The initiations were powerful and affecting, the lessons deeps and compelling. The new Master Mason degree focused around a story where Solomon’s chief architect Hiram Abiff is killed (by 3 ruffians looking for the his secret Master Mason’s word which would give them the ability to pass as Master Masons) and his body hidden. The initiate, ritually acting out certain aspects of the story, must find Hiram’s body and recover it.
The story is rife with deep meanings and symbologies and Freemasonry refuses to attach one single meaning to it, leaving it open to interpretation and discussion. The experience of this degree was greatly impacting and the powerful experiences of Freemasonry’s rituals and the depths of the moral lessons led to a huge surge in Freemasonry compared to the many, many other fellowship clubs that dotted 18th century England.
Due to its religious guild roots, Freemasonry came with some intriguing origin stories. One of the oldest is thus:
Before the Flood, some guy named Lamech invented geometry and some other sciences. Fearing punishment for their sins, his disciples built two great pillars inside which they inscribed all the information they had learned. One pillar was built to withstand fire, the other flood.
Well, BOOM! Flood it was. Yet the pillar survived, and Noah’s great grandson, Hermes Trismegistus (the reknowned Hermes) discovered it and taught it to the Egyptians. From there it passed down to the builders of the Tower of Babel, who developed the signs of Freemasonry to communicate with each other using body language after Gd pulled the whole speech and language fiasco.
From there the knowledge was passed to Solomon and his builders and after building the great Temple of Solomon various Masons took the great and ancient knowledge to the four corners of the Earth.
What a story!
So this was the first origin story Freemasonry claimed. But after it began to spread to non builders, some of the upper classes began to join. The associations with manual labor was…ooh. No no no. A tad shall we say, demeaning? Surely old bean we can do just a bit better, hm?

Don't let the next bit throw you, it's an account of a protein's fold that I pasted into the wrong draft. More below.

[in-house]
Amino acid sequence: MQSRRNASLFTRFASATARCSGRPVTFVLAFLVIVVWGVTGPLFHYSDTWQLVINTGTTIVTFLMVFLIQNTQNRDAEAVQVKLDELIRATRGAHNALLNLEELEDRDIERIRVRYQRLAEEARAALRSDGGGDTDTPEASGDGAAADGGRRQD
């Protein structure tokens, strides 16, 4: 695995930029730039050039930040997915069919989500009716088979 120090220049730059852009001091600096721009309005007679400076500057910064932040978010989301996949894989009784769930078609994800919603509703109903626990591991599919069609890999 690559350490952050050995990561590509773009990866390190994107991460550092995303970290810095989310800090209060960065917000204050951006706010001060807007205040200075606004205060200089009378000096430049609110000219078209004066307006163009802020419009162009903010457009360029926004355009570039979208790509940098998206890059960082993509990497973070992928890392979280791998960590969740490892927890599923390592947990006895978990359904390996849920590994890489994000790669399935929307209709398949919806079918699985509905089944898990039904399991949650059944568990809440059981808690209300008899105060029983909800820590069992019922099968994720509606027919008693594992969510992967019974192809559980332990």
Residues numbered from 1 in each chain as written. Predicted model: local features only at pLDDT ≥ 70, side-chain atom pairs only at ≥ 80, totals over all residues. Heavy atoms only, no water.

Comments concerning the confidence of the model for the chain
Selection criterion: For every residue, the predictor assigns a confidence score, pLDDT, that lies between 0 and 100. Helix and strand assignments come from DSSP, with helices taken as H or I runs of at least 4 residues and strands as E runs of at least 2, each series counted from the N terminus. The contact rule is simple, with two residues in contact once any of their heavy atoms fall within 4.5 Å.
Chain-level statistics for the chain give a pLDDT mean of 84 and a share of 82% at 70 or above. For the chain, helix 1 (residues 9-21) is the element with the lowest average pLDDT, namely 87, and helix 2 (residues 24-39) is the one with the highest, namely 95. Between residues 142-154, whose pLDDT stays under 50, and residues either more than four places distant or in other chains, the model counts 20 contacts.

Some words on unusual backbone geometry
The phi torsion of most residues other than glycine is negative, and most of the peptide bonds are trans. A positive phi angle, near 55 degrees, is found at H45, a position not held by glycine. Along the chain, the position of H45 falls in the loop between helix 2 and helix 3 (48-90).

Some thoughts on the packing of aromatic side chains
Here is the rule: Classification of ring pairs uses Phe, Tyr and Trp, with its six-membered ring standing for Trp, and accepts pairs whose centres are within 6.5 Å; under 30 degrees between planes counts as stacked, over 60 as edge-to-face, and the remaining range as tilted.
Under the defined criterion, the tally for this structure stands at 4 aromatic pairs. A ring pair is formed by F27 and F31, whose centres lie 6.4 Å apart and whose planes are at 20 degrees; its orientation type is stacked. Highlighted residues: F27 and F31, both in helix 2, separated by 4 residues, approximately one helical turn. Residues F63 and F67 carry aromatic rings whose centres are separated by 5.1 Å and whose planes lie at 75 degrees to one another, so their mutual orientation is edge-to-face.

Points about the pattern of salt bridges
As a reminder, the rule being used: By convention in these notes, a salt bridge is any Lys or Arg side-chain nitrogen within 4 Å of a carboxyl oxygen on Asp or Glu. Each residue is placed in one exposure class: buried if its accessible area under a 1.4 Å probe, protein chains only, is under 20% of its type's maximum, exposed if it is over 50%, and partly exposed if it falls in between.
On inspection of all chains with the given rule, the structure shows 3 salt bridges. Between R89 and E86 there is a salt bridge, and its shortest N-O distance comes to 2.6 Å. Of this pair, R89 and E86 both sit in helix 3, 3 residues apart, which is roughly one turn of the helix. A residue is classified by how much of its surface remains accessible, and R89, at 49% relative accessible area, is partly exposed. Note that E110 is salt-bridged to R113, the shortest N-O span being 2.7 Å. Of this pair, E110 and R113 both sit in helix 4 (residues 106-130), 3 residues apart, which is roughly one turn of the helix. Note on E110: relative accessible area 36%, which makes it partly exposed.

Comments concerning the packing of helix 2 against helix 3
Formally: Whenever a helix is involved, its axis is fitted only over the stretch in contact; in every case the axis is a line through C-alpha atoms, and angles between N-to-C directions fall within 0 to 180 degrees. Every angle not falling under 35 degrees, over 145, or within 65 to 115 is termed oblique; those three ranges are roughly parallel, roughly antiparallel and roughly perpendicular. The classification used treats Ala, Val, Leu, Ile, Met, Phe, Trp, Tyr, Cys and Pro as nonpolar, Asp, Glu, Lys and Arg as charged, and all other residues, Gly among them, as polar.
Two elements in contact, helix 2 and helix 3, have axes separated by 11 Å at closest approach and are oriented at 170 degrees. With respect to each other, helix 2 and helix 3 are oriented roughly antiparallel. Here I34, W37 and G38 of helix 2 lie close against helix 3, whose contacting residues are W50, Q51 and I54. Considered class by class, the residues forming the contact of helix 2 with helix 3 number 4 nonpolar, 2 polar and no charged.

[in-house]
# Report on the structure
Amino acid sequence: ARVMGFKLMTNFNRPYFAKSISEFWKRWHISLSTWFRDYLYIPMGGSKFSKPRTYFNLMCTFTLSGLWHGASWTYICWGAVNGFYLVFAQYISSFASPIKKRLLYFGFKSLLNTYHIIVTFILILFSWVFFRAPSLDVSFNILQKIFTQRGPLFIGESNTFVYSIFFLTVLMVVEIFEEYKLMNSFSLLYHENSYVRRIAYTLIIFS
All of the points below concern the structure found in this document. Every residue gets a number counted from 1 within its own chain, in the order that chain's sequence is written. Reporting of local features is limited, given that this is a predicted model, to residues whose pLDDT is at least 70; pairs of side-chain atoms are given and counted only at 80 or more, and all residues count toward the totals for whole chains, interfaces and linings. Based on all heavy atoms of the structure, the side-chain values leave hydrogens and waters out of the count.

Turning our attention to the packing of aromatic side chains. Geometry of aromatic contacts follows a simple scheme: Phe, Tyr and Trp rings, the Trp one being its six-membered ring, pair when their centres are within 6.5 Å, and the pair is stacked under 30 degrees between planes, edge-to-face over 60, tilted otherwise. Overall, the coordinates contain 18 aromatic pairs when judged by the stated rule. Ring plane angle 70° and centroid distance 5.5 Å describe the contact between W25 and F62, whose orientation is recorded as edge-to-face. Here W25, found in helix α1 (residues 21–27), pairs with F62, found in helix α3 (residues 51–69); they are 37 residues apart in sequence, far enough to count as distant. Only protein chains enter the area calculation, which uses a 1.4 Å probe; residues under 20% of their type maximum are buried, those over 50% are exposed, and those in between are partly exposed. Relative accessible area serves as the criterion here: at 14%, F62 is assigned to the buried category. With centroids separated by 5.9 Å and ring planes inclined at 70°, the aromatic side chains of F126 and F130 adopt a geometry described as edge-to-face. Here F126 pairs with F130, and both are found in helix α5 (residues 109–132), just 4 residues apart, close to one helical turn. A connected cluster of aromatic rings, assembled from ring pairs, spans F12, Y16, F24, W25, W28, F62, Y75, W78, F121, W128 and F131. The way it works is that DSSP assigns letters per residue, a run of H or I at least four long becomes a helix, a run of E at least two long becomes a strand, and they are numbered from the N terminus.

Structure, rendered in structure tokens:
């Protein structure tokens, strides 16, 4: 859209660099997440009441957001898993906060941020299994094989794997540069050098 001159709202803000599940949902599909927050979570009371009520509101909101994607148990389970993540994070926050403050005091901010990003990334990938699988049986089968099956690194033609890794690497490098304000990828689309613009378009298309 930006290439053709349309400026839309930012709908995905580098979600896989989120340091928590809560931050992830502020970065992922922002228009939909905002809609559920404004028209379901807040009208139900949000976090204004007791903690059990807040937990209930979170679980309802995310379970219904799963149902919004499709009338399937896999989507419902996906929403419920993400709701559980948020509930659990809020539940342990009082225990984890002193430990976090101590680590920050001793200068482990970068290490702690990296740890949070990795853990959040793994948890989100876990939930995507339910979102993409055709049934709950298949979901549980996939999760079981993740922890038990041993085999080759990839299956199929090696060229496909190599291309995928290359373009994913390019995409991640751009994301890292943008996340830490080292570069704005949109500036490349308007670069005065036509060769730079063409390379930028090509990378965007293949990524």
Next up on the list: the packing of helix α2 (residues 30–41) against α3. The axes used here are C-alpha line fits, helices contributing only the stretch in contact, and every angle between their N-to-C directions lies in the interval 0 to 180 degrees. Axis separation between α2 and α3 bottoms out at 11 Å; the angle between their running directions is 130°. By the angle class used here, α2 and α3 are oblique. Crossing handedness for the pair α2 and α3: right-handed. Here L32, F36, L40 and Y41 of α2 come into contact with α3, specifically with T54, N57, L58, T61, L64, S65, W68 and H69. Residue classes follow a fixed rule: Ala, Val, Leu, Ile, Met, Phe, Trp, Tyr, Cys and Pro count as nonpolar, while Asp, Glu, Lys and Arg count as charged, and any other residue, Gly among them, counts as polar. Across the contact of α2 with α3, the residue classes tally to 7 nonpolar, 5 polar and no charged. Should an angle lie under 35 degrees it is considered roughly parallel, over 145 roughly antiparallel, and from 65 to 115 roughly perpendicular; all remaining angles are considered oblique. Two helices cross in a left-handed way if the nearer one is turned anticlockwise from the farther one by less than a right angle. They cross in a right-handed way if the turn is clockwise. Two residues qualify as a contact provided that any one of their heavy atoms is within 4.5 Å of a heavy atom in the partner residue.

So another origin myth got started, this one centering around the Knights of the Crusades holding sacred knowledge in the Promised Land from the heathens. This story was proposed by Andrew Ramsey in 1736. Soon afterwards the Knights in question were changed from the Hospitallers to the long forgotten Knights Templar, and THAT my friends is how the Knights Templar first found themselves at the center of ridiculous speculation about all sort of the comsic debris that annoys the living crap out of me. Seriously, bring up a conspircay theory involving the damn Knights Templar ONE MORE TIME and i will punch you. I will too. I will stop this car, come back there, and give you something to REALLY cry about.
But wait! There’s more! See, as Freemasonry grew each Grand Lodge operated independently from each other, so different lodges started coming up with different origin stories.
Furthermore, once you had completed the 3 degrees you were done with initiations. Initiations were REALLY REALLY fun. They were compelling, engaging, impacting and one could contemplate them deeply for some time after. So, where there is demand, there shall be supply. New degrees with new initiations and stories started popping up like wildfire. The most well known is the Scottish degrees, and it is because of the Scottish degrees that you may know of Freemasonry as going up to 33 degrees. However, during the 18th and 19th centuries somewhere around 2,000 different degrees were floating around various lodges, many not recognized by other lodges.
And that’s where a lot of the weird stuff comes from.
Stay tuned tomorrow for more Freemasonry extravaganza: either the Hanover and Jacobite kerfuffle, OR, my FAVORITE, the AWEsome Palladium Affair. Serious, the Palladium affair is one of the best historical tidbits i’ll ever tell you about.
Word to the Widow’s son, yo.